The application described herein relates to the provision of safety and health related content to students and the testing of the student's retention of such content. The system enables the test results to be closely monitored by staff at the school or university to identify the risky behaviors of the students as well as those students that are susceptible to the risky behaviors. Those skilled in the art will appreciate that the learning and evaluation system of the invention may also be used to predict risky behaviors based on certain student attributes. The questions may be customized based on the student attributes to identify those risky behaviors most prevalent among students with a particular set of attributes. For example, students may be given different test questions based on their gender, their class year, their dormitory, etc. The content and questions are designed so that over time student knowledge of risky behavior is increased and campus incidents are reduced. Those skilled in the art will further appreciate that the data collected by the invention may be extended to include on-campus crime data. In this case, the test results could be correlated with crime data and tied to student attributes and behaviors.

The system described herein may be further modified to include pseudonymized student profiling to enhance privacy as well as probabilistic determination of risk factors or adverse events before they happen. The system may also be modified to include explicit or implicit determinations (such as inference) of psychological attributes (e.g., psychographic mapping) of students and other individuals covered by the system to identify those student attributes most at risk for harmful behaviors. Data mining (including predictive data mining) techniques may be implemented in identifying correlations within the datasets captured during the testing and evaluation process. Also, the data generated by the system may be forwarded to school psychologists, campus police and other school administrators as appropriate to facilitate risk management on campus. The system also may be adapted to read in data from social networking sites to develop risk profiles for the students and to otherwise permit the evaluation and mitigation of such risk factors. Class credit and other forms of reward points may also be provided to the students to encourage their participation in the safety program described herein.

Additional applications to the school safety and security embodiment described herein may enhance the invention into a comprehensive campus safety and emergency preparedness system by incorporating such features as drug counseling (when drug problems are identified), treatments for alcohol abuse, ADHD, depression, eating disorders, and other socio-developmental factors, cyber security for protection against cyber harassment, cyber stalkers, pedophiles, ID theft, and other risks posed by the user's on-line activities, promotion of campus safety by enabling users to recognize, report and respond to campus crimes such as assaults, muggings, burglary, theft, and improper possession of weapons on campus. The system may also be adapted to identify aberrant behavior or attitudes such as chronic destructive behaviors including stealing, hate crimes, rape, date rape, sexual harassment, vandalism, hate speech or propaganda, deceptive behaviors, exploitation of others, business exploitative practices, cheating, and disrespect of authority-including disregard for rules, or chronic self-destructive behavior such as substance abuse, eating disorders, gambling addictions, self inflicted injury, and sexual addictions such as pornography. The system of the invention may also provide terrorism preparedness including enabling students to identify potential terrorist networks and activities on campus. The system of the invention also may be used to teach emergency preparedness for issues such as campus shootings, bomb threats, earthquakes, fires, and other man-made and natural disasters. Also, as noted above, the system of the invention may be extended to incorporate inputs from campus police, local governments, fire, police, and other local businesses and organizations. Importantly, the system of the invention may be used to establish a more generally accepted standard of care for students to minimize liability and to promote student safety.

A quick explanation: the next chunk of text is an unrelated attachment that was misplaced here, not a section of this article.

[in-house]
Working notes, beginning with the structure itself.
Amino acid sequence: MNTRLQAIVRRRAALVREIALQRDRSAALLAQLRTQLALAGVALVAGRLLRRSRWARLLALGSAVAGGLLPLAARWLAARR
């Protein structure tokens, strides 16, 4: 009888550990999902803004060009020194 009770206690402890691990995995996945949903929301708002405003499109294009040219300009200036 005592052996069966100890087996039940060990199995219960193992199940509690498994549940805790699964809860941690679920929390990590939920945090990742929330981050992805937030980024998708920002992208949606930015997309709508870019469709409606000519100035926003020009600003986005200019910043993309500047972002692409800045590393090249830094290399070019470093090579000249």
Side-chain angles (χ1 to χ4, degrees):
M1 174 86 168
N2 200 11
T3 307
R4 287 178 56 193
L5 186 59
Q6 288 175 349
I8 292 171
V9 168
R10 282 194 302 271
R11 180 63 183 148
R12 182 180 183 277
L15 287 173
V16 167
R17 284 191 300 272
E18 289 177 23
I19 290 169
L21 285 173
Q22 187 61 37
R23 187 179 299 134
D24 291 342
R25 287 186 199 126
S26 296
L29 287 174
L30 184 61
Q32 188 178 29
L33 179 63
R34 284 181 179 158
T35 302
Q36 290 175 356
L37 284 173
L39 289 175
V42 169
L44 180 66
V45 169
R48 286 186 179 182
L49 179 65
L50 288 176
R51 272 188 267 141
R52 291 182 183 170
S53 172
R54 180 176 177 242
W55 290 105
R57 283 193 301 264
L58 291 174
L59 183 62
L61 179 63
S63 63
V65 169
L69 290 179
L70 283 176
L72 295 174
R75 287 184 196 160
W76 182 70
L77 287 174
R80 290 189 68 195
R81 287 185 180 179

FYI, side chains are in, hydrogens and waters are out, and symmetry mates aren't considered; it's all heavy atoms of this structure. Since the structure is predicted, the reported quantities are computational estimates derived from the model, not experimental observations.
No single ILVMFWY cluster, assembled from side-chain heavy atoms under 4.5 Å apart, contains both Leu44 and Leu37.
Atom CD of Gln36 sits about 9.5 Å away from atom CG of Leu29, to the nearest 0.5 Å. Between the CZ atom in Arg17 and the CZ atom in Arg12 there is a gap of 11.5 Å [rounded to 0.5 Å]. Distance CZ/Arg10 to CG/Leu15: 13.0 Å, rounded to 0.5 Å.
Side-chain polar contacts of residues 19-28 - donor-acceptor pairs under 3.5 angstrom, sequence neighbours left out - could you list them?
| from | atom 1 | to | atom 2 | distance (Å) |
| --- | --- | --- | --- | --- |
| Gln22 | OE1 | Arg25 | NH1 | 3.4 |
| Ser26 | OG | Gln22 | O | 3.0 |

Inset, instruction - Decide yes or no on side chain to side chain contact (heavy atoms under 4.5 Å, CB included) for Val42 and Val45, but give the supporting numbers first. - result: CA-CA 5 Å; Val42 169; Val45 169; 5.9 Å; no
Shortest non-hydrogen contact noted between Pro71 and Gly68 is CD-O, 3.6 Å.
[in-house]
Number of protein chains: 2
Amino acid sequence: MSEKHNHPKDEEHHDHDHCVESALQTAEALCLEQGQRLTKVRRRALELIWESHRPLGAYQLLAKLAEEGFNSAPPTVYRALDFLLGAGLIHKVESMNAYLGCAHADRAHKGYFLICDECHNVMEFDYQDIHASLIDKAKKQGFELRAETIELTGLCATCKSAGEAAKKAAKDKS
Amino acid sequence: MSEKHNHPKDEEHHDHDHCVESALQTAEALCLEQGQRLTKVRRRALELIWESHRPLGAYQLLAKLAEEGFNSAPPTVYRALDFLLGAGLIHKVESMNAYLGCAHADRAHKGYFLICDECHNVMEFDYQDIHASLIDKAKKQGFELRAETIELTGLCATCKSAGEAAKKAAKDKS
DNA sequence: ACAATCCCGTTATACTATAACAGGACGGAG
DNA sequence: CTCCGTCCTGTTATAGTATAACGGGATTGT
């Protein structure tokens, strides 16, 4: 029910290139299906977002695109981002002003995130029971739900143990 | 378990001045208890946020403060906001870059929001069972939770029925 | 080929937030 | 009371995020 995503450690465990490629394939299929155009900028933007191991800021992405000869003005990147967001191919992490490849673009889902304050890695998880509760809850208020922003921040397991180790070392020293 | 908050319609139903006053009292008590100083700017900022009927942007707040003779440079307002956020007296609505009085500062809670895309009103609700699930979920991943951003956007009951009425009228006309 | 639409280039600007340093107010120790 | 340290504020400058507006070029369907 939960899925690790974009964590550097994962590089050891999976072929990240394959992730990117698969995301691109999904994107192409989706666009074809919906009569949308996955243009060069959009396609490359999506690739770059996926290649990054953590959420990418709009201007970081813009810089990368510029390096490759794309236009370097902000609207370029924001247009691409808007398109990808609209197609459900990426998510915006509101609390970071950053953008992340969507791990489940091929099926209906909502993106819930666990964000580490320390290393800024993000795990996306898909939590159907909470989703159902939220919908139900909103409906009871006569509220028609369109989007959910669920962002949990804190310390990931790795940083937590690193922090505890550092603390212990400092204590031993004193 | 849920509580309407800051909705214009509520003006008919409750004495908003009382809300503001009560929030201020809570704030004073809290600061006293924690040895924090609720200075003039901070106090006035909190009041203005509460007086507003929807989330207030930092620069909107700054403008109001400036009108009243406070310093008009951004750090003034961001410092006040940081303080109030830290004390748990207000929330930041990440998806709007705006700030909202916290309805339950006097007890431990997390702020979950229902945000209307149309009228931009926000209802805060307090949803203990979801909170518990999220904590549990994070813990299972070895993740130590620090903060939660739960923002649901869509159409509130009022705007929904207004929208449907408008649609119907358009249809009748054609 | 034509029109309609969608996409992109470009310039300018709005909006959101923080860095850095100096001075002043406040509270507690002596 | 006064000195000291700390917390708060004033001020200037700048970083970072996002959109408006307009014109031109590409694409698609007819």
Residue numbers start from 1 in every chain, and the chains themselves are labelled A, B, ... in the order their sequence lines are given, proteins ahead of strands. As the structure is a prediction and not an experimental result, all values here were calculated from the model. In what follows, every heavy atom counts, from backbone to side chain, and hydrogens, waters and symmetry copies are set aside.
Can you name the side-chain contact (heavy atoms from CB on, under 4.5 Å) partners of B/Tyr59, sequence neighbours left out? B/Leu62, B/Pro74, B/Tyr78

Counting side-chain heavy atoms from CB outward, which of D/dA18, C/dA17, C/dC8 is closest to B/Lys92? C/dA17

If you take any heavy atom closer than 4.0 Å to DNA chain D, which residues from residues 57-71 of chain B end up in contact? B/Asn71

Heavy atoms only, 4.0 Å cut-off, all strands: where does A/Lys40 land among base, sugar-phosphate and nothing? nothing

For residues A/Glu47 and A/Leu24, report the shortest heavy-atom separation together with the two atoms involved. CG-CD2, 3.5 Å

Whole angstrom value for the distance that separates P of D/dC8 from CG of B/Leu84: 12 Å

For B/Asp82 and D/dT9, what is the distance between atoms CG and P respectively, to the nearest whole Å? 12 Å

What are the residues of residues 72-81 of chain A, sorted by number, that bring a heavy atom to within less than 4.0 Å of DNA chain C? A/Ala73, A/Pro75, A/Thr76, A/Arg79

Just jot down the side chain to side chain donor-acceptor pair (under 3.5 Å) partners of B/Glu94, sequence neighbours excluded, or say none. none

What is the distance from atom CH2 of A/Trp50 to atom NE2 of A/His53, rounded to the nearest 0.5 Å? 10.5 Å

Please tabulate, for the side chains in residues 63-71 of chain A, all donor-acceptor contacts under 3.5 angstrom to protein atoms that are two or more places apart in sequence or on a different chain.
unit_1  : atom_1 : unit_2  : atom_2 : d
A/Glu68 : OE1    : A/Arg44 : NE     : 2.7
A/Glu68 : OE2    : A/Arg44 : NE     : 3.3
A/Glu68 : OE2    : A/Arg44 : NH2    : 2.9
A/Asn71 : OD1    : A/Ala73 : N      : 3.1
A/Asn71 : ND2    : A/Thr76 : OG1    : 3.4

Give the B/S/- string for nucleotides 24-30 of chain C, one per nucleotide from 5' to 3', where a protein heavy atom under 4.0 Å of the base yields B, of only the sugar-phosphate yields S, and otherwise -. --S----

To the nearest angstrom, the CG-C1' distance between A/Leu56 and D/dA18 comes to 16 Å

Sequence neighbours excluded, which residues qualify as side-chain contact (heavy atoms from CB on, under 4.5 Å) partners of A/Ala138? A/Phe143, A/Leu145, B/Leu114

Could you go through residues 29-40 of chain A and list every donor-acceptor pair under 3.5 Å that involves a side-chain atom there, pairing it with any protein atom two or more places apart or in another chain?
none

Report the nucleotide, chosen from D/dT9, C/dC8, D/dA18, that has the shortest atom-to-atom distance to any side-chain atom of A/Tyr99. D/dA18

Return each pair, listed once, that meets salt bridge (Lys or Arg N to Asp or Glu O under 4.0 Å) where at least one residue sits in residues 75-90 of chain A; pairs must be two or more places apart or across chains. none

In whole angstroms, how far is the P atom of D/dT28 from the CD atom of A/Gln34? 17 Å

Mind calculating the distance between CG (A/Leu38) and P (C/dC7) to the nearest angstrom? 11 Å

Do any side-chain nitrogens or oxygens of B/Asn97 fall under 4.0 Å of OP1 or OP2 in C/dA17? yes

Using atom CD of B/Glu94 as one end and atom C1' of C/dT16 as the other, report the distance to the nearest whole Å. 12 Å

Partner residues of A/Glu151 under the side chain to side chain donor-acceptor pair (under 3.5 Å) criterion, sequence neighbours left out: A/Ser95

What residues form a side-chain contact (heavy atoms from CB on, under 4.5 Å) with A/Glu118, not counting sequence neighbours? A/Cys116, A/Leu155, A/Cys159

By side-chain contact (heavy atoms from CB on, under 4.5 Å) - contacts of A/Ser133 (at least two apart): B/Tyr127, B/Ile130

The system of the invention collects data that may be useful in many ways. For example, the collected data may be mined to determine the effects of educating students, staff and administrators on the effects of awareness on overall incident prevention. Also, the incidents may be broken down by type and category of incident with correlation to the attributes of the perpetrators for development of risk profiles. The collected data may be very useful in developing remediation measures and appropriate penalties to perpetrators and negligent administrators. The data may be further correlated with rewards and penalties to determine the effects the rewards and penalties have on the number and severity of incidents. The system of the invention may also be useful in emergency (e.g., campus shooting) situations to rapidly narrow down the likely perpetrator in order to assist law enforcement and other emergency responders.

The system of the invention may be further supplemented by correlating the attributes of the students with available psychological profiles developed by police enforcement authorities to identify those student attributes fitting certain risk profiles.

The system and method of the invention is not limited to an educational setting but may also be used by public or private organizations and emergency service providers, for example, as a tool to monitor the mental and physical health and safety of their employees.

Those skilled in the art will further appreciate that the invention may be tactically implemented to provide report generator and/or email notification capabilities to contacts and/or administrators to see and/or print test results for different students by class, major geographical location and/or group in which the students are members. Those specific contacts and/or administrators to which access to such reports are provided could be used to establish a chain of custody of accountability and responsibility for each contact and/or administrator for which certain responsibilities are required of that contact or administrator such as certain minimum standards criteria (e.g, that each student under his/her responsibility participates in the online learning and evaluation system, that the failure rate is small or non-existent and/or that all “high risk” students are provided the necessary additional remedial content or other means of mitigating the inherent risks as described in the present specification).

These and other such modifications are believed to be within the scope of the present invention as identified by the followings claims.